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RP: Something that many investors often fail to appreciate is that financial planning isn’t something you can do once in your life and then forget all about it, it’s a lifelong process. Sure, there’s a great deal of work to be done at the outset — deciding on your financial goals, working out how much you need to invest to achieve those goals, and of course devising a strategy. But that still leaves plenty of things your adviser will need to do on an on-going basis. Jason Butler was for many years a very successful financial adviser. He now works mainly as an author and a consultant.
JB: That planning process of what’s important to you, do the numbers, project managing, isn’t just like, you know, turning up to a gym with a two month session with a gym trainer, it’s about evolving new habits, regular, positive habits, proper decision making, accountability and a proper discipline to continually check in with your plan and your finances. Sometimes you’ll have to do lots of changes, sometimes you won’t. Sometimes there will be difficult decisions, sometimes they’ll be simple. Sometimes the way ahead won’t be really clear, it won’t be obvious, but you’re going to have to plump for something.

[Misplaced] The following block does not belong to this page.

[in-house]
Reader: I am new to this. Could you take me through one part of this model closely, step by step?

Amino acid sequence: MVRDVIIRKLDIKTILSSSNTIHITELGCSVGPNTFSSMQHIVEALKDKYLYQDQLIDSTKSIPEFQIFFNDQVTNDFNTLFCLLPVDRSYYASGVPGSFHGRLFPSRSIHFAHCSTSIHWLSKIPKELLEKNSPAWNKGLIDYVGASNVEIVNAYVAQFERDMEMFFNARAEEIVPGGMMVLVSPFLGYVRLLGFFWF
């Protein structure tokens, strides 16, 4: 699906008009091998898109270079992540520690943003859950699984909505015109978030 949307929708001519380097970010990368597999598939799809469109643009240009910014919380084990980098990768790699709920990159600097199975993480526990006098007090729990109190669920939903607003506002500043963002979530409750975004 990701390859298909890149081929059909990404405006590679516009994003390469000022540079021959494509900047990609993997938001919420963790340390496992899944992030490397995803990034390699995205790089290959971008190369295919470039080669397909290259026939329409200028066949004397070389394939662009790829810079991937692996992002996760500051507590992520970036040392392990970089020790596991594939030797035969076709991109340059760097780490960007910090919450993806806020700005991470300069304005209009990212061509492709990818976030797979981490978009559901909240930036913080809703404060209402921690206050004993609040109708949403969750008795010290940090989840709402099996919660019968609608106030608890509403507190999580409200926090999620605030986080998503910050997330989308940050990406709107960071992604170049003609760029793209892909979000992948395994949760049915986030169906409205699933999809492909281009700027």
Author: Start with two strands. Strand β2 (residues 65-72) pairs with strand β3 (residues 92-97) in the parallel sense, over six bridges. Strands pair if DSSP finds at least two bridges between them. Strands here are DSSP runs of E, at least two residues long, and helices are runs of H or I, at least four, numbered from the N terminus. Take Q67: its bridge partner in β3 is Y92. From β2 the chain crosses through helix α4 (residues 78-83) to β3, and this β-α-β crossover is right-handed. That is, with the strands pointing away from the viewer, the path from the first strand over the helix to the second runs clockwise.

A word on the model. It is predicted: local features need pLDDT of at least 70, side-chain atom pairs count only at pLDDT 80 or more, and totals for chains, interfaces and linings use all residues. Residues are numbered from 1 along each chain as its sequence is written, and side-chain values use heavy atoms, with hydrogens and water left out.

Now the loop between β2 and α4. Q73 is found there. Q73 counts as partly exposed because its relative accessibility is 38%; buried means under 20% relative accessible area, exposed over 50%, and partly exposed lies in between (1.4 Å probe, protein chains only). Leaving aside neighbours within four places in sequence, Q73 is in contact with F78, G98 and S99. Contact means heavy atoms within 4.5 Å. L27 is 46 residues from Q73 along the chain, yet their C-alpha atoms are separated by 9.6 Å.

And so, I remember when I was working with clients sometimes they’d say, "Well, it hasn’t been a busy year", but when we said "What did you value?", "I value the discipline, the structure, and the sense of peace of mind that I have."
RP: One of the most important tasks for your adviser is to rebalance your portfolio, perhaps once or twice a year. It’s something you need to do, but investors who try to manage on their own, without the support of an adviser, often fail to.
JB: Rebalancing is just really simple. If I start out with fifty per cent of my portfolio in bonds, and fifty per cent in equities, and regardless of the value of the portfolio if the equities now represent sixty per cent of the portfolio, and the bonds represent forty, I have to sell some of the equities to bring them back to fifty and buy more of the bonds, now what that means is you are selling off something that has gone up which is counterintuitive and behavioural science says we’re unable to do, and you’re buying more of something which has fallen which makes us compound our fear and our pain so it’s counterintuitive but what it does is it means, it doesn’t mean that you maximise your return, but what it does mean is it means that you keep the risk-return profile of the portfolio in check.
RP: So, when choosing a financial adviser, make sure it’s someone you’re happy to work with for a very long time. Thank you to Jason Butler, and to you for watching. Goodbye.
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